Brexit threatens logistical chaos, but the economic consequences are just as alarming
The headlines on just what a no-deal Brexit would mean for Scottish business are piling up by the day.
If you are a Brexiteer you might just think “it’ll be all right on the night” or that the headlines are simply scare stories to ensure Britain opts for the softest Brexit possible.
But within the Scottish food and drink industry the concerns are real. The industry is worth around £14.4 billion to the economy and now exceeds the oil and gas sector in growth. The nationwide plan is for that to double in size to £30bn by 2030. But Brexit has arrived to put a collective brake on this ambition.
James Withers, the head of Scotland Food and Drink, has warned that Brexit-related disruption to haulage routes could see perishable goods left rotting in lorries due to delays at ports.
The Dover Strait, for example, handles 10,000 lorries daily and processing is currently seamless. Customs controls will result in an average of about 45 minutes to process one truck on both sides of the Channel, says the Road Haulage Association.
Secondly, road hauliers in Scotland fear that Brexit will result in a exodus of foreign drivers, with the falling value of the pound combining with the long delays to make jobs in Europe more appealing.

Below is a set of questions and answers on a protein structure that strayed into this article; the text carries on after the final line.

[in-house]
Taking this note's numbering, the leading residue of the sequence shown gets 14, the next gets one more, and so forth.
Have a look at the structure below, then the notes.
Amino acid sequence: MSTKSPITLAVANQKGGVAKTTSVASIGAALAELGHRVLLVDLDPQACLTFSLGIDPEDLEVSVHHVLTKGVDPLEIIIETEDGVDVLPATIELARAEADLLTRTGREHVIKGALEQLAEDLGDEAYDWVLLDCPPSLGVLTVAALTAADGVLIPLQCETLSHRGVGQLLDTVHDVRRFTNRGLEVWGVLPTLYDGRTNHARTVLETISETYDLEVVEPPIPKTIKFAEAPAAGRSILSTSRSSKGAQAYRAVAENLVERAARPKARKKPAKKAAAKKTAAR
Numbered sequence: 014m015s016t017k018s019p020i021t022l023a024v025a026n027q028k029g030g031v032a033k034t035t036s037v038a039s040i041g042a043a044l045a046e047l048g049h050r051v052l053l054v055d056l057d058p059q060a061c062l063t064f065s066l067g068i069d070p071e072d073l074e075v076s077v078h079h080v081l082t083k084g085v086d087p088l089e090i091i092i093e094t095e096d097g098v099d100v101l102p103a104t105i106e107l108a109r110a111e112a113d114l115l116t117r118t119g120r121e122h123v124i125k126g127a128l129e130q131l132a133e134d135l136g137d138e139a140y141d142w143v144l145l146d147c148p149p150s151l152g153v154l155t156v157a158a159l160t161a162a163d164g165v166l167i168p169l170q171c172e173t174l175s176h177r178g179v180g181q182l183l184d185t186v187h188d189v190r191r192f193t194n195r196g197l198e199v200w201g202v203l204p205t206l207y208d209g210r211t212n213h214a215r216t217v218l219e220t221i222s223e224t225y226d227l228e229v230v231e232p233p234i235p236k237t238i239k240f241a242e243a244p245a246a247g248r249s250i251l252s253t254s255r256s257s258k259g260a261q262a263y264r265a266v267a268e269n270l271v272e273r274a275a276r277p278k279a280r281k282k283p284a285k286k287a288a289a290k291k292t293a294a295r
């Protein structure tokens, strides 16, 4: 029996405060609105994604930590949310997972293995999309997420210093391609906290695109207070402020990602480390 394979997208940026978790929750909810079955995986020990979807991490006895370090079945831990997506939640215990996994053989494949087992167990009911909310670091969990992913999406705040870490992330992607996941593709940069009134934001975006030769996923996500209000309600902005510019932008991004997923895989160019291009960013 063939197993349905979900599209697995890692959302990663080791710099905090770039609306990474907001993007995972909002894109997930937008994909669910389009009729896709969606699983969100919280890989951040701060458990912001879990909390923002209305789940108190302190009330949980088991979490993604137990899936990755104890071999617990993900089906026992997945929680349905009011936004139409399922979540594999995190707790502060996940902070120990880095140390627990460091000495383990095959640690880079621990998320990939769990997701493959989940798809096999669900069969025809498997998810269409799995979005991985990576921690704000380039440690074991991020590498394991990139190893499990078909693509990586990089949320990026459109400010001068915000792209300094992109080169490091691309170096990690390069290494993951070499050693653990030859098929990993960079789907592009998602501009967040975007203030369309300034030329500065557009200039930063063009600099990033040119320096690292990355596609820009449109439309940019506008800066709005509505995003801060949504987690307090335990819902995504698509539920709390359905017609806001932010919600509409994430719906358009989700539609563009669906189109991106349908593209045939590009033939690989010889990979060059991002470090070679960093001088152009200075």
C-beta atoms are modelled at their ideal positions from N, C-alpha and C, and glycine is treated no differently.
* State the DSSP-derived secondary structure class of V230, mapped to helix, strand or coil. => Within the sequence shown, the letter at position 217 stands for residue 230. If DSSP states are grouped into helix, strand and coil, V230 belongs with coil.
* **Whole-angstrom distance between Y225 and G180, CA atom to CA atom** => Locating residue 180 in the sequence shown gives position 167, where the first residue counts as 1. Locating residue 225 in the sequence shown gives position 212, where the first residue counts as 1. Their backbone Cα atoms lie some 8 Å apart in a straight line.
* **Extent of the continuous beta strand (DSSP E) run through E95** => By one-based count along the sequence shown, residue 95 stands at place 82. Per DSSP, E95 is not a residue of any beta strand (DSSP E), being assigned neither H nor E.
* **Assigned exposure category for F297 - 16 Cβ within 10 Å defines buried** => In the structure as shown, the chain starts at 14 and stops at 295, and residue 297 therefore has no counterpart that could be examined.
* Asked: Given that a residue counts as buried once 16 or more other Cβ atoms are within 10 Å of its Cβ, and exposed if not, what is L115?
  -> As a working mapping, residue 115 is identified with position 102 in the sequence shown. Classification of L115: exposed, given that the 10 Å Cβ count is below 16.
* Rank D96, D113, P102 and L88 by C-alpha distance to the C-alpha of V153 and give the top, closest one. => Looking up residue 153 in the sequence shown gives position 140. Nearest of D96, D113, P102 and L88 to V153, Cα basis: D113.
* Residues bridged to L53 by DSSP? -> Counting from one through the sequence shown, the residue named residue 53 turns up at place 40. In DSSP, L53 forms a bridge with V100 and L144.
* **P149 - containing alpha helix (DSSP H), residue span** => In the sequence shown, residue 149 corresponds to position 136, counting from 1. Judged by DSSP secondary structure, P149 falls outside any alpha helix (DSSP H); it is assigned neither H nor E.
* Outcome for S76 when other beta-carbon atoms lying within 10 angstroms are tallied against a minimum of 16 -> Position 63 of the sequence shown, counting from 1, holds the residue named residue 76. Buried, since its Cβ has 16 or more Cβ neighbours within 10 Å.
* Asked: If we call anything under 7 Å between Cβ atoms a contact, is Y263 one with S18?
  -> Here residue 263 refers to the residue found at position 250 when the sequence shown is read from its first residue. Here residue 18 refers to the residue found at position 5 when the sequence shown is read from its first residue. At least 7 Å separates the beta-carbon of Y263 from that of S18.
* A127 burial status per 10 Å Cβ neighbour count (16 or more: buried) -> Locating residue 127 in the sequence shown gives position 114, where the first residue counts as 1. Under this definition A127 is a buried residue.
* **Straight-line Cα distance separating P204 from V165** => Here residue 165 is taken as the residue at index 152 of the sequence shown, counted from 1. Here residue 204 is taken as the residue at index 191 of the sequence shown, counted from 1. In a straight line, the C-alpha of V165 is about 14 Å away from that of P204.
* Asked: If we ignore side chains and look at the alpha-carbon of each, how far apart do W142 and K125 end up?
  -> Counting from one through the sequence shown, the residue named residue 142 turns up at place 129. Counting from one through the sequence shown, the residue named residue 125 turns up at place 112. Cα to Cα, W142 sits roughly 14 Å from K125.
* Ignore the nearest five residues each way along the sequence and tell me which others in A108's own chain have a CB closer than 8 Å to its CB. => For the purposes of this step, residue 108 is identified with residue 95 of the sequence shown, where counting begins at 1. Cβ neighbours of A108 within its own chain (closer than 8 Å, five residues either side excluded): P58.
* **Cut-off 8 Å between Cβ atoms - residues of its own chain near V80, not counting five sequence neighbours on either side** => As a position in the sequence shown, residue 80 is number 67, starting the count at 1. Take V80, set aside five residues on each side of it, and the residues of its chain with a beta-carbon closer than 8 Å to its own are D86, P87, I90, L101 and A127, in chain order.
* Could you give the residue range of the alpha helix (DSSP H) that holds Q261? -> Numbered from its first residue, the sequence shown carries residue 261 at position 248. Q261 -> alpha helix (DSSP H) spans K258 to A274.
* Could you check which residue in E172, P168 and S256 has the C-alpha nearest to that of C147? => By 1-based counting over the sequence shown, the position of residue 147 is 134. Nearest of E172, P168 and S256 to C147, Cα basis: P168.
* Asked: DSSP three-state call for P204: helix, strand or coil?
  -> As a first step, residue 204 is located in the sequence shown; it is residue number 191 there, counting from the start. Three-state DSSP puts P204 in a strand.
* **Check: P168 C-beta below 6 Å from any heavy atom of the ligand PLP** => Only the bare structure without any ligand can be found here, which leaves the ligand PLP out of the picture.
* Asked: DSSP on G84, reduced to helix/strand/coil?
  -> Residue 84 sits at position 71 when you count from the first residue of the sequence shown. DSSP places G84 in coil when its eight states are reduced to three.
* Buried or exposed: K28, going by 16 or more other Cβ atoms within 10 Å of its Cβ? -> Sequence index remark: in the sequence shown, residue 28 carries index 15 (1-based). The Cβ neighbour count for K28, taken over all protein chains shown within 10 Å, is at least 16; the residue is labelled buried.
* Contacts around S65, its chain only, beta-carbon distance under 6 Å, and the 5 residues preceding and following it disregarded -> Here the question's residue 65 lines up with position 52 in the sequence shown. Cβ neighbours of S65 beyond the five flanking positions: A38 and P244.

Without doubt these fears exist across the food and drink industry across the UK. But in Scotland the concerns are heightened because of the importance of the sector and the feeling that it has been difficult to influence the process.
Scotland’s delays will be caused because each UK export consignment to Europe now has to be checked by customs staff in Calais, with tariffs and VAT collected. Staff and infrastructure are just not ready for this. Traffic going the other way will also be slow.
But customs issues are not the only area of concern. So-called phytosanitary checks are necessary for infection control to protect animals and the public and help stop the spread of everything from mad cow disease to Dutch elm disease. Everything will need to be checked: from animal feed, fruit and veg, and raw meat to ready meals. The Freight Transport Association believes that non-tariff barriers could cause the bulk of delays, a particular issue for perishable products such as Scottish salmon or langoustines.
One possible work-around is to increase the number of options for UK hauliers into the Continent. Lorries headed to Dover could instead be directed to ports in Essex and Suffolk and loaded on to ferries travelling to Belgium and the Netherlands. And could Scottish lorries avoid traditional routes by expanding arrangements at ports like Rosyth?
Stories about empty shelves in supermarkets are worrying, but for the food and drink sector this is about ensuring that Brexit does not leave our global ambitions sidelined.